A company will often issue equity stock to investors and owners in order to raise capital to expand and fund operations. There are several ways to raise capital, including debt and preferred shares; however, ordinary shares of common stock are most well-known by average investors. Ordinary shares, also known as common shares, have many benefits for both the investor and the issuing company.
- Three characteristic benefits are typically granted to owners of ordinary shares: voting rights, gains, and limited liability.
- Common stock, through capital gains and ordinary dividends, has proven to be a great source of returns for investors, on average and over time.
- Companies also benefit from issuing shares in that they do not incur debt obligations, although they do forfeit some of the ownership's stake.
The first is voting rights. Common shareholders can participate in internal corporate governance through voting. Ordinary shares provide a small degree of ownership in the issuing company. Stockholders have a certain amount of say in how the company is run and are allowed to vote on important decisions, such as the appointment of a board of directors. For each share of common stock owned, the stockholder gets one vote, so the stockholder's opinion becomes weightier when they own more shares.
While this may be an important advantage for an individual or institutional investor who controls a large percentage of a company's stock, for the average retail investor, the main benefits of common shares are found in their potential for capital gains and dividends, which represent the two ways common shareholders profit from their ownership.
Capital Gains and Dividends
For individuals, investing in the stock market is a relatively straightforward way to generate income. While there are no guaranteed profits, almost anyone can open an online trading account to buy and sell shares of publicly traded stock.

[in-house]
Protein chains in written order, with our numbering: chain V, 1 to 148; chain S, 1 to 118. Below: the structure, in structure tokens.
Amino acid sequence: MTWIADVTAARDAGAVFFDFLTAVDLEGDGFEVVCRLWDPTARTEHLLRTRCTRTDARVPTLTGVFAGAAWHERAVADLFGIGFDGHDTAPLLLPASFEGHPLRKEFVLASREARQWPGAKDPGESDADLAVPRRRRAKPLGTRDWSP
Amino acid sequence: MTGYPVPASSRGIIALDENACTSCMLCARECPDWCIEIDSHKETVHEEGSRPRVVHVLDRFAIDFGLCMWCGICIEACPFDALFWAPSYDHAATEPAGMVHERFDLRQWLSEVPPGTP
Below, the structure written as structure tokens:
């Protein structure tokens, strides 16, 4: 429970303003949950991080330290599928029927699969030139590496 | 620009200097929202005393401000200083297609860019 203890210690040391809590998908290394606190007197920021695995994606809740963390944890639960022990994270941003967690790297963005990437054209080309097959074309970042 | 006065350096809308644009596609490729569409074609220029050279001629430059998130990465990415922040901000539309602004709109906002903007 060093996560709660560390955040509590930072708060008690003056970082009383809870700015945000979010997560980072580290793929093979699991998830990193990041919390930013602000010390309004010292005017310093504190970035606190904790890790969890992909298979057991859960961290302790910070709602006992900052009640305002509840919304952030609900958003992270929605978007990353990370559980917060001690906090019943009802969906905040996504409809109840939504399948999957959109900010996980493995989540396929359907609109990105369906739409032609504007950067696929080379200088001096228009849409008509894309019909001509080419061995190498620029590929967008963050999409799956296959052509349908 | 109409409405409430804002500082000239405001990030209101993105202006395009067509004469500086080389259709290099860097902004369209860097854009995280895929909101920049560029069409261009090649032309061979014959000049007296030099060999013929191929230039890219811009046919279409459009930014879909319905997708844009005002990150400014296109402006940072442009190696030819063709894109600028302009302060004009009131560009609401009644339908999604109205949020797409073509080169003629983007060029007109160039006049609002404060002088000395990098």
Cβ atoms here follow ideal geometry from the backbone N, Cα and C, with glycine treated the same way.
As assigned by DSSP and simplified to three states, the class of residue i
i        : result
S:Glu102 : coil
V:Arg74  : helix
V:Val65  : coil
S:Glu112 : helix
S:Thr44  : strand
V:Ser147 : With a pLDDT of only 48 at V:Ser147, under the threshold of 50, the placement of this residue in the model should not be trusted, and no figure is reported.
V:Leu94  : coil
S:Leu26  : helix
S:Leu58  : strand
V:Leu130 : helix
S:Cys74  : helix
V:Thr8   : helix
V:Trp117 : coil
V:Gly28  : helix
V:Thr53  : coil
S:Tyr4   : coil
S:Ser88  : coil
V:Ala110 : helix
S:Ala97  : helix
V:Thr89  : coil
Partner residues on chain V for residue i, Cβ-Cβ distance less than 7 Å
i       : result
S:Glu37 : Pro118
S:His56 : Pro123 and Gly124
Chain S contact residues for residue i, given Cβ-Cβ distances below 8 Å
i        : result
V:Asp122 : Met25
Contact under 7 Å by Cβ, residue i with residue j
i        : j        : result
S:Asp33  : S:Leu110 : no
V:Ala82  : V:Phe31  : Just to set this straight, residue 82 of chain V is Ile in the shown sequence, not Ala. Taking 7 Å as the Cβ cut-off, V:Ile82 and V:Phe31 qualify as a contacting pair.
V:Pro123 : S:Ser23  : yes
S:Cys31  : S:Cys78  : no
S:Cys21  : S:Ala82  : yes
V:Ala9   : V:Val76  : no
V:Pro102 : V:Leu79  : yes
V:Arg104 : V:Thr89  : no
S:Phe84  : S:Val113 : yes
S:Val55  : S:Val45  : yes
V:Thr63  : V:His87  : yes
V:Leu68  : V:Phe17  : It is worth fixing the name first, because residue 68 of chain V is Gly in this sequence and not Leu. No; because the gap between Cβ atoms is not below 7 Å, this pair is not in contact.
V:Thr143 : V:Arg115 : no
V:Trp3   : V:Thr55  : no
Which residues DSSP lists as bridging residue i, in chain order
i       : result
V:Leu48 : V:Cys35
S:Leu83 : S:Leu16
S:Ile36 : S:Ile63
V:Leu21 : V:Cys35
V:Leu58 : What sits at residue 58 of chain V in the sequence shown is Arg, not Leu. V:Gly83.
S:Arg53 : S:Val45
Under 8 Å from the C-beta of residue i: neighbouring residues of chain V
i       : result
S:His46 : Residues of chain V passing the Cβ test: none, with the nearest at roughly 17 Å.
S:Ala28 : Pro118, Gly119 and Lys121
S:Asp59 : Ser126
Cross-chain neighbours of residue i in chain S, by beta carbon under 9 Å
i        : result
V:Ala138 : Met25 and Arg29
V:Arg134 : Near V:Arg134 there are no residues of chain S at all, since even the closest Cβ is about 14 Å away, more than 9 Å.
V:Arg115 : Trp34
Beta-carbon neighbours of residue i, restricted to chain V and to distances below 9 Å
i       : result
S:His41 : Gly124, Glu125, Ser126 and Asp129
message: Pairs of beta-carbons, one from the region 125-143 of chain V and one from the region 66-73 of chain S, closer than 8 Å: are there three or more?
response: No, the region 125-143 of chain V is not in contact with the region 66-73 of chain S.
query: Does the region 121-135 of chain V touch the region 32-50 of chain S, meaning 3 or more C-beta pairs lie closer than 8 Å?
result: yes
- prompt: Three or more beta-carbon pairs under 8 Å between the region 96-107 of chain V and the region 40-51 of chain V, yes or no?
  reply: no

In addition to its transactional simplicity, investment in ordinary shares has the potential for unlimited gains, while the potential loss is limited to the original amount invested. Selling shares at a higher price than the original purchase price results in the investor realizing a capital gain. However, the opposite can also happen; shareholders may realize a capital loss if they sell shares for less than they paid for them.
When a company turns a profit, it often rewards its investors by paying a small portion of that profit to each shareholder according to the number of shares owned. While this dividend is not guaranteed, as with preferred stock, many companies pride themselves on consistently paying higher dividends each year, encouraging long-term investment. Shareholders may elect to reinvest dividends or receive them as income.
Other stockholders' rights include limited liability, which means that common shareholders are protected against the financial obligations of the corporation and are only liable for their shares' value. They also gain preemptive rights. Shareholders with preemptive rights gain access to new share issues before the rest of the investing public, often at a discount.
Benefits for Issuing Companies
For businesses, issuing common shares is an important way to raise capital to fund expansion without incurring too much debt. While this dilutes the ownership of the company, unlike debt funding, shareholder investment need not be repaid at a later date.
Of course, shareholders do expect returns on their investments, either through stock growth or dividend payments. But the company always has the option to repurchase some or all of its outstanding shares if and when it no longer has need of equity capital, thereby consolidating ownership and increasing the value of shares still available by reducing the supply.